Gorillas have been a long-standing target for poachers in Africa.
Activists and conservationists, such as Dian Fossey, have worked tirelessly to curb the ongoing slaughter and trade in gorillas and their body parts. Gorillas can also fall foul to traps which are set for other animals, ones that are subsequently used for ‘bush meat’, an unregulated form of assorted wild creatures used for barbecue.
Rwanda has been a particular hot spot for poaching, especially in and around the Volcanoes National Park. The country has been left ravaged by famine and conflict, leaving animal welfare pretty low down the list of national priorities. There has also been danger in trying to protect the animals. Fossey was murdered in 1985, with her story being told in the movie Gorillas In The Mist three years later.
It was in the same national park where researchers have been observing some very unique and surprising behaviour. In 2012 a young mountain gorilla was killed in a poacher’s trap. In the following days, something remarkable was spotted. The other youngsters from the group began locating and dismantling other, similar traps.
Veronica Vecellio from the Dian Fossey Gorilla Fund’s Karisoke Research Centre in Rwanda told National Geographic “This is absolutely the first time that we’ve seen juveniles doing that … I don’t know of any other reports in the world of juveniles destroying snares. We are the largest database and observer of wild gorillas … so I would be very surprised if somebody else has seen that.”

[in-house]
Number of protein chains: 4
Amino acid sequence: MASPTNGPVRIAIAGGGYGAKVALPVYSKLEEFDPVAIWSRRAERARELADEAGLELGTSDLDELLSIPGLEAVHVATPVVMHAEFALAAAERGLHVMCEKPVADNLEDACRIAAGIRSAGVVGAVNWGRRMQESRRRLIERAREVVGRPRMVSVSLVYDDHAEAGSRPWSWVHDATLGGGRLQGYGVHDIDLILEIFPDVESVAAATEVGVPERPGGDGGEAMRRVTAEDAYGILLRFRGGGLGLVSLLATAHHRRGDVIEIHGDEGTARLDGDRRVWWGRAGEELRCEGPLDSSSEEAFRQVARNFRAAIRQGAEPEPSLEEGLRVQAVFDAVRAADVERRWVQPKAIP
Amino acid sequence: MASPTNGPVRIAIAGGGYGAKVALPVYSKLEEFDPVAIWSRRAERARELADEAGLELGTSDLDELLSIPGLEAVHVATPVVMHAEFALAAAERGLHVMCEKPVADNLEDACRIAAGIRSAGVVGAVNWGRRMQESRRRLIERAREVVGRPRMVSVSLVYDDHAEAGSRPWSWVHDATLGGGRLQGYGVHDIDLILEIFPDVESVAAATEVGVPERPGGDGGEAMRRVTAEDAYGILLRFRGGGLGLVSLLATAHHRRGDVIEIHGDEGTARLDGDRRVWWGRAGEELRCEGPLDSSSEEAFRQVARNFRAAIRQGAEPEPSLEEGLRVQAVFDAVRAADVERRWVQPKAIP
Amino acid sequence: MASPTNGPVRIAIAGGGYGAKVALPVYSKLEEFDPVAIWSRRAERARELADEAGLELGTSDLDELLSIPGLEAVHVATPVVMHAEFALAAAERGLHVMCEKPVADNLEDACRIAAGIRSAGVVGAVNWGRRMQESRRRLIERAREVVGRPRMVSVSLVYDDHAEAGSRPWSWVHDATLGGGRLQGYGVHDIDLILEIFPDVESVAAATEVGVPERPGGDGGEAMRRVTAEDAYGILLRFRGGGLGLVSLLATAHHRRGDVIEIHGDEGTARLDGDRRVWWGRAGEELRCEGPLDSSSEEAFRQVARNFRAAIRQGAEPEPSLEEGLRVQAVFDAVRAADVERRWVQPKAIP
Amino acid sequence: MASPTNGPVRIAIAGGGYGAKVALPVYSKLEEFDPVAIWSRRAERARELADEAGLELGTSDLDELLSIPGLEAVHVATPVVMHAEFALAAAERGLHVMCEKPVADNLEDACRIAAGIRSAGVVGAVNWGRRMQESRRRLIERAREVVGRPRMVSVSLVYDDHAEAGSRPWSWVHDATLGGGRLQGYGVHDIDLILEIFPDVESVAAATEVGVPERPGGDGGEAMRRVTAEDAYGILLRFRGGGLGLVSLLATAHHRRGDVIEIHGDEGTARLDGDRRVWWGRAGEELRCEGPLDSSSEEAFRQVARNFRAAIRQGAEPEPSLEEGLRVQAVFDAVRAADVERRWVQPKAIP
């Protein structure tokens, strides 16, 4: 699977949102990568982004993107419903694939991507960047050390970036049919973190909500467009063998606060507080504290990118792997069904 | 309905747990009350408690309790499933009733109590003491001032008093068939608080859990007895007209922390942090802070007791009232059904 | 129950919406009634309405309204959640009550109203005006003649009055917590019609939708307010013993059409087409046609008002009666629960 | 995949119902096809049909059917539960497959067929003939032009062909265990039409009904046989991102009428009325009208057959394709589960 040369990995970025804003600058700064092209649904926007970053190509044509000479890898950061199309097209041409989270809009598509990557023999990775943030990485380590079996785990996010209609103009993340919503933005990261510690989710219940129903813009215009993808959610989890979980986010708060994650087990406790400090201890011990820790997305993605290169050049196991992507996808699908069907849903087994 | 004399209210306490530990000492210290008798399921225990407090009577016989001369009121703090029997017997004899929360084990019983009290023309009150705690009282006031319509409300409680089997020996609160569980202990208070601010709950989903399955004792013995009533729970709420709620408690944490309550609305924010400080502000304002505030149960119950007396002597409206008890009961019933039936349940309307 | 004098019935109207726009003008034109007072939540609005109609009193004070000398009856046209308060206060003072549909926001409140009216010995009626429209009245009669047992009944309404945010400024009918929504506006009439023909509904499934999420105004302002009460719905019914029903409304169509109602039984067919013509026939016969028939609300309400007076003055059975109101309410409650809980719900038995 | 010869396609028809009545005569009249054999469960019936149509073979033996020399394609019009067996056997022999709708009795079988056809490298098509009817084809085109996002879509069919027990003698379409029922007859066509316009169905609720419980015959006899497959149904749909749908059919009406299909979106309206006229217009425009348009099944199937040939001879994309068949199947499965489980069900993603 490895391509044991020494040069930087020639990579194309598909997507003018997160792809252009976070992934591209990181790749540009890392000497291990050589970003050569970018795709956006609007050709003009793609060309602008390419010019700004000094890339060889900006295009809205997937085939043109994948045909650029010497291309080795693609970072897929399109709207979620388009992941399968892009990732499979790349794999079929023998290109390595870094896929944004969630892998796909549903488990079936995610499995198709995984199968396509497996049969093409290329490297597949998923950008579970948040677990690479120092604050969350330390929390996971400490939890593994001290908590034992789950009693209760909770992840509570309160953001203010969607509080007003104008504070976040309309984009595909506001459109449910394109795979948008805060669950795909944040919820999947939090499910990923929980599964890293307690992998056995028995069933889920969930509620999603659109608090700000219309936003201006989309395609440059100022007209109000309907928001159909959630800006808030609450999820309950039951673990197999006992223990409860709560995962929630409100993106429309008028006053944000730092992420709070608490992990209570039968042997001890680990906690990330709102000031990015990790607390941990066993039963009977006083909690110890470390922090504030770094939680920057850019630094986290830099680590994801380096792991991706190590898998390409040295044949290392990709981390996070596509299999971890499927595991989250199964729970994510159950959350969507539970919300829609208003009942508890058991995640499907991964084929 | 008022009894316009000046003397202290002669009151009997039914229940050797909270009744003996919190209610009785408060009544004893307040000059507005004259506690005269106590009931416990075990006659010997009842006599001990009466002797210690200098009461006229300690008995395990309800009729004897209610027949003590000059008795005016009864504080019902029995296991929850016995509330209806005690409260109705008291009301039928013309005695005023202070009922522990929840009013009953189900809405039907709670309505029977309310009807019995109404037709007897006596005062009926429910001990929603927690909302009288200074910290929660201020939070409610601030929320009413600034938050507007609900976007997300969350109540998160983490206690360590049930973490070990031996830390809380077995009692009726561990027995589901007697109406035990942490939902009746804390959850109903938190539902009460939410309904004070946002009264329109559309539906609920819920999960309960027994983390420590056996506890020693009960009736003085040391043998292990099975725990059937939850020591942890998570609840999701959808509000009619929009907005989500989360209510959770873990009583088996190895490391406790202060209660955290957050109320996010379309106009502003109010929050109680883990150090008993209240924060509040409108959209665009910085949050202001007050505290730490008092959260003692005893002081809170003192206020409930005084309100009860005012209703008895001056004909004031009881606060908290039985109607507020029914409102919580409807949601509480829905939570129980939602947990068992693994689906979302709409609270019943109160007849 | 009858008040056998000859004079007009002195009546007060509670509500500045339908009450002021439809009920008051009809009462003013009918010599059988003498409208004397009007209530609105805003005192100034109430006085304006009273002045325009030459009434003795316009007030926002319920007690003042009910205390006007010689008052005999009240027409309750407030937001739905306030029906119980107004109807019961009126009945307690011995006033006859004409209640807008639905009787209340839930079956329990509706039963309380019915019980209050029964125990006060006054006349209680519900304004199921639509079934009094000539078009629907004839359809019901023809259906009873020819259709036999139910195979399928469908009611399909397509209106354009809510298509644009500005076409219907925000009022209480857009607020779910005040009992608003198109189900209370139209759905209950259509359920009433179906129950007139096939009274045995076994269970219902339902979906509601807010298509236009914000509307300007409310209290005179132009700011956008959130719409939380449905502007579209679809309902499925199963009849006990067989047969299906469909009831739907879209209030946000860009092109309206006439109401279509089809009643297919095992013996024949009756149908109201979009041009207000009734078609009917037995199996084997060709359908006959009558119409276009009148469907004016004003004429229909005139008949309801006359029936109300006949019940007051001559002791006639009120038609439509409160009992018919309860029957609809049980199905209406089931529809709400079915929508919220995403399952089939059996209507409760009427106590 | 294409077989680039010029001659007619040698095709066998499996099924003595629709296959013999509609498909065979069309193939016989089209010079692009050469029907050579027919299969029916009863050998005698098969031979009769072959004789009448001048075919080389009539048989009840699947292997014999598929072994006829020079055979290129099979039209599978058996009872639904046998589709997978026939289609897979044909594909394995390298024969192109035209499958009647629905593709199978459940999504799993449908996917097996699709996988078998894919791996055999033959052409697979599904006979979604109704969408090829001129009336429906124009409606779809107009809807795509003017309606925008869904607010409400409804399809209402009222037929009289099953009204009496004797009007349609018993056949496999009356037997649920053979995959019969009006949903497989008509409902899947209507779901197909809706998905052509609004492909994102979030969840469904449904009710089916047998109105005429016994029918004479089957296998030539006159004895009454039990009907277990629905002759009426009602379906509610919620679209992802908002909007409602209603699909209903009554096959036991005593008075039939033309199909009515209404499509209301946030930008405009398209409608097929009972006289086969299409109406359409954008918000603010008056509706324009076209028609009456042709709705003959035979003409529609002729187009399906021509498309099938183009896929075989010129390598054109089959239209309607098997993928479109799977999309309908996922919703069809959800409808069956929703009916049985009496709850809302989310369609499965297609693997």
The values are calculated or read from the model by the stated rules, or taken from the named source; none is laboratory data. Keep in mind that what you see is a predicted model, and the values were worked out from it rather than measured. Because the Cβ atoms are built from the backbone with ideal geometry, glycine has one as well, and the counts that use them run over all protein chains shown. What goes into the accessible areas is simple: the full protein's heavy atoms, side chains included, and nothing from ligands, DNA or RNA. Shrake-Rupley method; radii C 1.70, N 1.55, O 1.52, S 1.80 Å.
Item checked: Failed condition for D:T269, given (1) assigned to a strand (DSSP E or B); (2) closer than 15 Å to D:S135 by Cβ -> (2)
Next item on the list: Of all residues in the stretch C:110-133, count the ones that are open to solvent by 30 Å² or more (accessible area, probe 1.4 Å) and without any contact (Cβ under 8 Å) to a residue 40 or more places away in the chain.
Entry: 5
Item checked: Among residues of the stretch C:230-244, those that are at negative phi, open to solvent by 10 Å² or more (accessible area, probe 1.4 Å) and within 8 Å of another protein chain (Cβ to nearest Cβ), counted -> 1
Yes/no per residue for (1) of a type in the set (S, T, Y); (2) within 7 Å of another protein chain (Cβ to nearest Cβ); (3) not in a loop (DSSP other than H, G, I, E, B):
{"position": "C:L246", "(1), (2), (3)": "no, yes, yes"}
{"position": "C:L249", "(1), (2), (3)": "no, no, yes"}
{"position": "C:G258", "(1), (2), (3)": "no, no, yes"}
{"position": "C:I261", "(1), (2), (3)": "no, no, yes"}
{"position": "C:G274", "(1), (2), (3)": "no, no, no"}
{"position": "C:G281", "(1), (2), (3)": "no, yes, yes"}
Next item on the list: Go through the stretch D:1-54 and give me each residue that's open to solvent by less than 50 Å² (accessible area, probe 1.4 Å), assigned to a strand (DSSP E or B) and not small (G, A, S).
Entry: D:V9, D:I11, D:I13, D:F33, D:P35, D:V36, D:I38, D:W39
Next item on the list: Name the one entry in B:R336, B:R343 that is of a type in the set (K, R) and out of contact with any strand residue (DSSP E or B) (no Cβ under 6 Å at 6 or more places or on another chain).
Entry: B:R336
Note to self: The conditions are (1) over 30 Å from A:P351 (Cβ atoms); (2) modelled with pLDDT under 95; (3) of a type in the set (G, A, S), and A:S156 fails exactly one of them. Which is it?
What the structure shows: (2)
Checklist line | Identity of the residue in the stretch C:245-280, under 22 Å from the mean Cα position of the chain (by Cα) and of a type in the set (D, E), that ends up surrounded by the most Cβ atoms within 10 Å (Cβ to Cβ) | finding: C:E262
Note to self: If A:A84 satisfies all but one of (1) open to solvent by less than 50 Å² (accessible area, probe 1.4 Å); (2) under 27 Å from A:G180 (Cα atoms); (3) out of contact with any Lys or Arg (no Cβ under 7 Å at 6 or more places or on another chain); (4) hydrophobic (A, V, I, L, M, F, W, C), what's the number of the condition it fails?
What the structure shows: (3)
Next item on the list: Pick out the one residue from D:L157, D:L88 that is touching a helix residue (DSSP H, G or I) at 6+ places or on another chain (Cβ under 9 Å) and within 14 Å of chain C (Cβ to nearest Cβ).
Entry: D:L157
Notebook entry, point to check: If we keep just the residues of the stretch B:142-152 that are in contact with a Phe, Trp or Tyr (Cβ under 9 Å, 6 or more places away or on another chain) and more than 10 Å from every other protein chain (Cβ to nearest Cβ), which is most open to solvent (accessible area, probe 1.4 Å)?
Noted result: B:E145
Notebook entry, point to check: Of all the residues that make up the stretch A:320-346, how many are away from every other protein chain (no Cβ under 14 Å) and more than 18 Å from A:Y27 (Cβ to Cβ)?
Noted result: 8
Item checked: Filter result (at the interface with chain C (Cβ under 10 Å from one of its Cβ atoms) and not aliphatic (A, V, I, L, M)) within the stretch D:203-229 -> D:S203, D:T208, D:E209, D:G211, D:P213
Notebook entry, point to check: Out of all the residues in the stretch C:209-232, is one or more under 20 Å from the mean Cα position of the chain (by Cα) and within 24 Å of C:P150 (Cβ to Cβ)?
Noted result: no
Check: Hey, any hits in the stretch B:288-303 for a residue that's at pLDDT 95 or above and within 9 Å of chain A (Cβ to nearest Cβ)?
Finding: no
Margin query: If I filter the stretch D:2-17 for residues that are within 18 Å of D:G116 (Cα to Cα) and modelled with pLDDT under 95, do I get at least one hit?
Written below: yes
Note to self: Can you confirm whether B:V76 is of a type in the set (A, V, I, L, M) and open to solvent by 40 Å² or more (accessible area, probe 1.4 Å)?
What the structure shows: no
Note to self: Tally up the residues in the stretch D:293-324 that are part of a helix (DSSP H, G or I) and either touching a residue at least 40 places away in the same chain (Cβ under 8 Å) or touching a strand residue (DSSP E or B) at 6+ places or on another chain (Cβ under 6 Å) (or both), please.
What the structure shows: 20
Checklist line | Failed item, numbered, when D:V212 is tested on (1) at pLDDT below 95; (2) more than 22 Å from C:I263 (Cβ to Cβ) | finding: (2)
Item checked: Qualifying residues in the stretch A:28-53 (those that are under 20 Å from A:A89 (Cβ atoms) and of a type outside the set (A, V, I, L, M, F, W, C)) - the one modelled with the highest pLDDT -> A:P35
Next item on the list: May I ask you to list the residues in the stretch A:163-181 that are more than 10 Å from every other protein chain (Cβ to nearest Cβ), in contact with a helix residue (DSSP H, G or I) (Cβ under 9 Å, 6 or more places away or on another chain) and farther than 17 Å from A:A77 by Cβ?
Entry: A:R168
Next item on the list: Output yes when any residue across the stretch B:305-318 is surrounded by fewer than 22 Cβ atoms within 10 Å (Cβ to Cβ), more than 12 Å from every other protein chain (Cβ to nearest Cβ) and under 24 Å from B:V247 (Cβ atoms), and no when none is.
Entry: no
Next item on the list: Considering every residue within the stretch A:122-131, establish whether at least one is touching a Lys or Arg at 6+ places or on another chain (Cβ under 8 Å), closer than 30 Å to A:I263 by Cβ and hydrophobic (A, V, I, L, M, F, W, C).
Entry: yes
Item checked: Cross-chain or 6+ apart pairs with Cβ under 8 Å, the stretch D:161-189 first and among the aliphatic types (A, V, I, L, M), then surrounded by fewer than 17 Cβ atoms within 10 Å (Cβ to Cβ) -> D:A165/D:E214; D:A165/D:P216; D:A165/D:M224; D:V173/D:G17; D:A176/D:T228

John Ndayambaje, a jungle tracker, was working with Vecellio as they made their way through the jungle, dismantling traps as part of their daily routine. “Suddenly two juveniles – Rwema, a male; and Dukore, a female; both about four years old – ran toward the trap,” reported National Geographic, “As Ndayambaje and a few tourists watched, Rwema jumped on the bent tree branch and broke it, while Dukore freed the noose.”
It was added that, whilst this behaviour is remarkable, the conservationists cannot attempt to teach the animals any of these techniques, as they need to be learned naturally and passed on to the rest of the group. Regardless, this is another example of how fiercely intelligent gorillas are. Sadly, the species remains critically endangered, but with these startling new revelations, it appears that some of them are taking their wellbeing into their own hands.